"I knew I could be doing a lot more besides what I was doing. That's pretty much why I decided to go in," he said. "I'd rather go over there and stop them before they come over here and start doing it. And that's my point. . . . If I can prevent that from happening, I'll sleep better at night, too."
This from a kid who wasn't allowed to play with toy guns as a child. "Not even squirt guns," his father said, proudly. "I got a cowboy gun once for my birthday, and he told me I had to take it back," Lamar recalled. "From then on, I should have known what kind of protest I was in for."
A few days earlier, I had called the elder Pfleger to wish him a Merry Christmas. "And how are your boys?" I asked. (In addition to Lamar, Pfleger has a younger son, 25-year-old Beronti, whom he adopted 13 years ago.)
All I heard on the other end of the line was a heavy sigh. I prodded and Mike told me how he'd just returned from Lamar's graduation from basic training in Georgia and how he'd cried through the whole thing. Happily, Mike said, Lamar -- "thank you, Jesus" -- had been assigned to a base in Seattle for at least a year.
When the three of us got together, I asked Lamar about his assignment in a combat striker unit of the 2nd Infantry at Fort Lewis in Seattle.
I kind of wish I hadn't.
The son took a deep breath, eyes darting to the ceiling, nostrils flaring nervously, and looked at his father.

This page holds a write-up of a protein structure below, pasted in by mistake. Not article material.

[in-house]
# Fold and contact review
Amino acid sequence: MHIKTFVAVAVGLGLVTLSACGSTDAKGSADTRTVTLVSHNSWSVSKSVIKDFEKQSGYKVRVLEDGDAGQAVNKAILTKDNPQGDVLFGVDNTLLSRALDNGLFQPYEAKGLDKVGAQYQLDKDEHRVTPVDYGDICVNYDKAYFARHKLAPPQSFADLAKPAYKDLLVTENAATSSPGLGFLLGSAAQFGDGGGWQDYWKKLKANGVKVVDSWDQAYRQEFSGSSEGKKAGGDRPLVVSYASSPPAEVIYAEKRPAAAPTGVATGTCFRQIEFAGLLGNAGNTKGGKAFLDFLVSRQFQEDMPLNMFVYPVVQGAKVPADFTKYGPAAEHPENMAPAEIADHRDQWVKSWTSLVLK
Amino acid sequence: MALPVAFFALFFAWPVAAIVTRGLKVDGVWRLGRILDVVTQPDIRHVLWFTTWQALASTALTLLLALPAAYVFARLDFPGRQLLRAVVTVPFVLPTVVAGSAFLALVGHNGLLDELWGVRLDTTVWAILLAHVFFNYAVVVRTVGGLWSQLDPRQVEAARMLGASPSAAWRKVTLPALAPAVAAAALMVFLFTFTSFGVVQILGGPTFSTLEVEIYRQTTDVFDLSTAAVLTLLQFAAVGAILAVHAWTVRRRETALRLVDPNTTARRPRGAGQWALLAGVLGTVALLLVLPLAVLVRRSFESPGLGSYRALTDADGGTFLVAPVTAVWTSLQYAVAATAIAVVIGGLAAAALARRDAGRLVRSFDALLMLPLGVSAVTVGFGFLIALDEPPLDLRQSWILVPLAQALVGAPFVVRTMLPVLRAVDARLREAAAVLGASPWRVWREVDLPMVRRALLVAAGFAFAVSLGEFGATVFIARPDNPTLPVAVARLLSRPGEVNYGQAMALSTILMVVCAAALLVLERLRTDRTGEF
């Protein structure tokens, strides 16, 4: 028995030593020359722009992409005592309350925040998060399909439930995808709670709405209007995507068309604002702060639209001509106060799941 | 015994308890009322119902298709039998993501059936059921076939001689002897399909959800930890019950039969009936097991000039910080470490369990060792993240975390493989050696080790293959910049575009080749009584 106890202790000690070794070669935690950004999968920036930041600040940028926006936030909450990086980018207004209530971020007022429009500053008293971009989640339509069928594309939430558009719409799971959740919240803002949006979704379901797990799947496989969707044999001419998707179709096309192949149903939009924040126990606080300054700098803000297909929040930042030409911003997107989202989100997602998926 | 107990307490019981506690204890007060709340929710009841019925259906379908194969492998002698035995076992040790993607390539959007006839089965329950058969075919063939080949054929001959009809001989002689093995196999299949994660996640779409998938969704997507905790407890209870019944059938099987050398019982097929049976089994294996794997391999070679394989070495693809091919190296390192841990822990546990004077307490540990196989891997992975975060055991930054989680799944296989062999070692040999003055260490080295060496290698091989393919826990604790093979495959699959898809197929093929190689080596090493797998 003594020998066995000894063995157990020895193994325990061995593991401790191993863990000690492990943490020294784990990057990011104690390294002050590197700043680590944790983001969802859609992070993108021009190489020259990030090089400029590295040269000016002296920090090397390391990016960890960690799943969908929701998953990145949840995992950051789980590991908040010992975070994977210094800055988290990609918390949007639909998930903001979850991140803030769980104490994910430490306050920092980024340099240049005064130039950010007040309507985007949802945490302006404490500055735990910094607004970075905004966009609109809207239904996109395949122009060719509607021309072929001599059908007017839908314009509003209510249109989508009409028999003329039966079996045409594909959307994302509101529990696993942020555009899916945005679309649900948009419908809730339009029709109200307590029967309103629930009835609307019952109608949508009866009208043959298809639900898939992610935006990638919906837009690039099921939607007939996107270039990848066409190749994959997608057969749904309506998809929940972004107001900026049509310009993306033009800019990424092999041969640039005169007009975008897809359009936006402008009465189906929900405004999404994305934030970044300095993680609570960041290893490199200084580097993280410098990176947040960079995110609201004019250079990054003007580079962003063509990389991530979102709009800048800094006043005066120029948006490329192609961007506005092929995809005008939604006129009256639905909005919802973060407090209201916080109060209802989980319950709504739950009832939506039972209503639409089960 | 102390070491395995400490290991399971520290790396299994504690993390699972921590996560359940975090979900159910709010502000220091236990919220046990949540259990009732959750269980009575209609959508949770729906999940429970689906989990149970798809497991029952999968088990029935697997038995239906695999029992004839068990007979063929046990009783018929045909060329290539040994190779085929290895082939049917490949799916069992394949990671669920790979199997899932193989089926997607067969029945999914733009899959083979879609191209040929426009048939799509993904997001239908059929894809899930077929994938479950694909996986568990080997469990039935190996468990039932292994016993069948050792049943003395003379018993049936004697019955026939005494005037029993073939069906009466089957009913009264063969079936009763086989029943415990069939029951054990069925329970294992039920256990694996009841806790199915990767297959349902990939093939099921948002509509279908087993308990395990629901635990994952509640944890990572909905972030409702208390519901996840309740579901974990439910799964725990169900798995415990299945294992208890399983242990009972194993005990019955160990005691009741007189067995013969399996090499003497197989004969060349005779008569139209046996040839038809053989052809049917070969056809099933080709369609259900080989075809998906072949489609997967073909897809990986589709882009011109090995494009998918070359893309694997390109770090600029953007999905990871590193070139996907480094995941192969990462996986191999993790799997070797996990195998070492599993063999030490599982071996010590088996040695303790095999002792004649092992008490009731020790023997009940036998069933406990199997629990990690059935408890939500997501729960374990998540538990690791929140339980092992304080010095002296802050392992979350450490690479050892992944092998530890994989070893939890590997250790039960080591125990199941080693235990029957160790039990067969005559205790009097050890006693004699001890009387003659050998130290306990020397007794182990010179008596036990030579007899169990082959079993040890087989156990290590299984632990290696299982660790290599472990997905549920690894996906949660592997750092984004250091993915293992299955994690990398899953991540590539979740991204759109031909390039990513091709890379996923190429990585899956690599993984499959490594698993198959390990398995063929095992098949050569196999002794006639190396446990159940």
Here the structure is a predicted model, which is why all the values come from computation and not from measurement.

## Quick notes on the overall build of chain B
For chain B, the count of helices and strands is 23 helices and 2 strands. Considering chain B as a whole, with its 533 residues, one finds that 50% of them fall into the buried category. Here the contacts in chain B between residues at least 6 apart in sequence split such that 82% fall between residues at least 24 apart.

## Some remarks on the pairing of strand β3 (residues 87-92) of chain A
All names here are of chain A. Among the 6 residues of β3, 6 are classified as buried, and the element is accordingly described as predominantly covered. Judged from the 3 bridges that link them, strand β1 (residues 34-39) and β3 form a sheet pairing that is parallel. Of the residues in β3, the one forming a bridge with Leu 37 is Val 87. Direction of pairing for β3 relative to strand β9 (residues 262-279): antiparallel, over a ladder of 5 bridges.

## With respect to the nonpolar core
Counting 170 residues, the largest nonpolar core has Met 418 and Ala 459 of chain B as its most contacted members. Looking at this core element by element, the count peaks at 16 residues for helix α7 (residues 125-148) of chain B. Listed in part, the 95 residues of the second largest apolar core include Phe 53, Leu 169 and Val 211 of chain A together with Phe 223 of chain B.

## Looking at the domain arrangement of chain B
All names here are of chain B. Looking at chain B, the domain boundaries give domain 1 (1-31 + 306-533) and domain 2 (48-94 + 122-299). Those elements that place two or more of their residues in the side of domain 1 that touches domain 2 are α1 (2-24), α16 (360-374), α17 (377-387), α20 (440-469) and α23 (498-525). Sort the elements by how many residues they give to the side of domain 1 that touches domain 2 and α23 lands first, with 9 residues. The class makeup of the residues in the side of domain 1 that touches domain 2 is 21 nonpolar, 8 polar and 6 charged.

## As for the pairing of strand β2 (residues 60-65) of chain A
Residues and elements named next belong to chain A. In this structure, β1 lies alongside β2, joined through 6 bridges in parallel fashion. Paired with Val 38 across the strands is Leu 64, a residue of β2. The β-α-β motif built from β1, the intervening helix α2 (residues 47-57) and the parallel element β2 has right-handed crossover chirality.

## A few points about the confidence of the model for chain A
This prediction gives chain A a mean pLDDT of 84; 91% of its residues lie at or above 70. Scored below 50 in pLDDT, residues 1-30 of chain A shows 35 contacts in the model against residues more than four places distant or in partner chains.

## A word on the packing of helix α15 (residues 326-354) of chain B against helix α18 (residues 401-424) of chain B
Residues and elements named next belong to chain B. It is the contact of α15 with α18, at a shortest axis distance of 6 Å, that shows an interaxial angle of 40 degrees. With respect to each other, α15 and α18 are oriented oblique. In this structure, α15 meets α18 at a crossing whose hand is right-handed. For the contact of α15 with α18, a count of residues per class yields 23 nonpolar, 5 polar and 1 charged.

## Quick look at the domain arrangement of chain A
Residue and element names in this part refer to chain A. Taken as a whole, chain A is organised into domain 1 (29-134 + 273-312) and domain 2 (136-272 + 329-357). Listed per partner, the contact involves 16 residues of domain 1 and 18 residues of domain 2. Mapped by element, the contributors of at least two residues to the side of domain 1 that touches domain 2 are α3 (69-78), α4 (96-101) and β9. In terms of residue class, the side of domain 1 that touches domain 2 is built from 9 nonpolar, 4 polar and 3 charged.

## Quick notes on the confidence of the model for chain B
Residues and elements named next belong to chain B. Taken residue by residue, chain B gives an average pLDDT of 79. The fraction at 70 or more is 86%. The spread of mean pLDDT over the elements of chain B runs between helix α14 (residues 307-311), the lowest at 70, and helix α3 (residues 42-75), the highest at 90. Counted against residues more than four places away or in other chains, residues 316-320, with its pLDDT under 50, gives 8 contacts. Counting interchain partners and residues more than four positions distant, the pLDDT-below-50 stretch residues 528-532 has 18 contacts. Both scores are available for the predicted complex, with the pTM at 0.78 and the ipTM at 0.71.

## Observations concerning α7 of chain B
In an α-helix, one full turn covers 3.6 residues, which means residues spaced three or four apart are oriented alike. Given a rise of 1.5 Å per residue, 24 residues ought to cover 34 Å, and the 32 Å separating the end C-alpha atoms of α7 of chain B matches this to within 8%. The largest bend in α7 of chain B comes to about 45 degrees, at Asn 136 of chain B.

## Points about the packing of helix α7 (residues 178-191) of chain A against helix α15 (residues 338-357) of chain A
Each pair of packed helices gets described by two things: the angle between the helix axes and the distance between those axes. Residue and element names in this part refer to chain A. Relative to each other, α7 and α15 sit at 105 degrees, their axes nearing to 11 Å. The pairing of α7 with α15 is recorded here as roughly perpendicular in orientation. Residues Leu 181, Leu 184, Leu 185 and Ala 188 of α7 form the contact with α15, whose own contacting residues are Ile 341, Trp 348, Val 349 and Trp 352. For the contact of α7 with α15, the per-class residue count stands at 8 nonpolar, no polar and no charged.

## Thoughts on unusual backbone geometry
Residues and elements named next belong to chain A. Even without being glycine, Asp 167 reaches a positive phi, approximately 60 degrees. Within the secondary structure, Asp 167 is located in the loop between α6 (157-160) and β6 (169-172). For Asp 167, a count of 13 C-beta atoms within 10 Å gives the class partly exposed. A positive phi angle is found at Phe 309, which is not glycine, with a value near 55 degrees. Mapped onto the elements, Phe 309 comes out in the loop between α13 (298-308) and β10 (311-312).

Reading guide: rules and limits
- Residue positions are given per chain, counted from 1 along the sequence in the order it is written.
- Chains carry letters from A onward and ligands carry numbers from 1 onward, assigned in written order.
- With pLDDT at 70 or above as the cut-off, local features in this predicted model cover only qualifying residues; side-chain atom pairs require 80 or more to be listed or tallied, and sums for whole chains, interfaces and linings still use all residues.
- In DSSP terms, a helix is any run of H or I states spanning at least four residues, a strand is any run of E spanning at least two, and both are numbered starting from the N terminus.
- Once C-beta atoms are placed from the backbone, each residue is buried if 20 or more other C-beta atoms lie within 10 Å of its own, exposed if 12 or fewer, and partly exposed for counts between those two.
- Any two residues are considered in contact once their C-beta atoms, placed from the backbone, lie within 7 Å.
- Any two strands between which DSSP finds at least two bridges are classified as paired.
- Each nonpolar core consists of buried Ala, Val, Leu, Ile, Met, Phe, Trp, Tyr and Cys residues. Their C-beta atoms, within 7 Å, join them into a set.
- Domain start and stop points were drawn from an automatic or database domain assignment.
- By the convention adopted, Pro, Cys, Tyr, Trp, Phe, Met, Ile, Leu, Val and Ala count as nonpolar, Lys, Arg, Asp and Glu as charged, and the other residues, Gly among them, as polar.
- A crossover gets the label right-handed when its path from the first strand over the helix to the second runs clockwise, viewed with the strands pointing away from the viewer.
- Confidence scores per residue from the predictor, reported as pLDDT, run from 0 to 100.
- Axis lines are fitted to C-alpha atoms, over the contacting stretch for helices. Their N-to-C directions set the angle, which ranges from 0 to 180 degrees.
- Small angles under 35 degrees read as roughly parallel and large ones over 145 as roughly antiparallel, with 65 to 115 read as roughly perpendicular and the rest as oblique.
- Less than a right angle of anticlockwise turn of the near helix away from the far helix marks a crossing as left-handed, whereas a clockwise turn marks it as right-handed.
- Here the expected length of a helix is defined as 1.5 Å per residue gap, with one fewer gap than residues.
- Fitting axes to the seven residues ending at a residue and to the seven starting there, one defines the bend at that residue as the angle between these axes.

"I've been assigned to Fort Lewis where I'll be taking classes and just staying in physical shape and probably be on standby until I'm possibly deployed. There's a good chance . . ." Lamar said, pausing uncomfortably, and turning toward his father. "I didn't want to tell my dad that, but there's a good chance I might be [deployed to Iraq]."
The father blanched visibly, but remained silent and tried to smile.
This must be killing him, I thought.
"Coming home, you know, missing a limb, that scares me more than anything," Lamar continued. "I would like to go by the phrase, 'Take all of me or take none of me.' . . . I'll be praying for myself, 'God, please forgive me for whatever I have to do.' But in the long run, it's something I have to do," he said.
'Death . . . anywhere'
Mike Pfleger is praying that his son won't be sent to Iraq.
"If he does, I'll continue to pray for his safety, no matter where he is," the priest said. "You don't have to be in Iraq to get maimed or killed. It can happen on a street. My youngest son, Jarvis, died here, three blocks away from here. So I know that harm or danger or death can come anywhere."
(Pfleger's foster son Jarvis was killed in gang crossfire seven years ago at the age of 17.)
"I just don't want my dad to worry," Lamar said.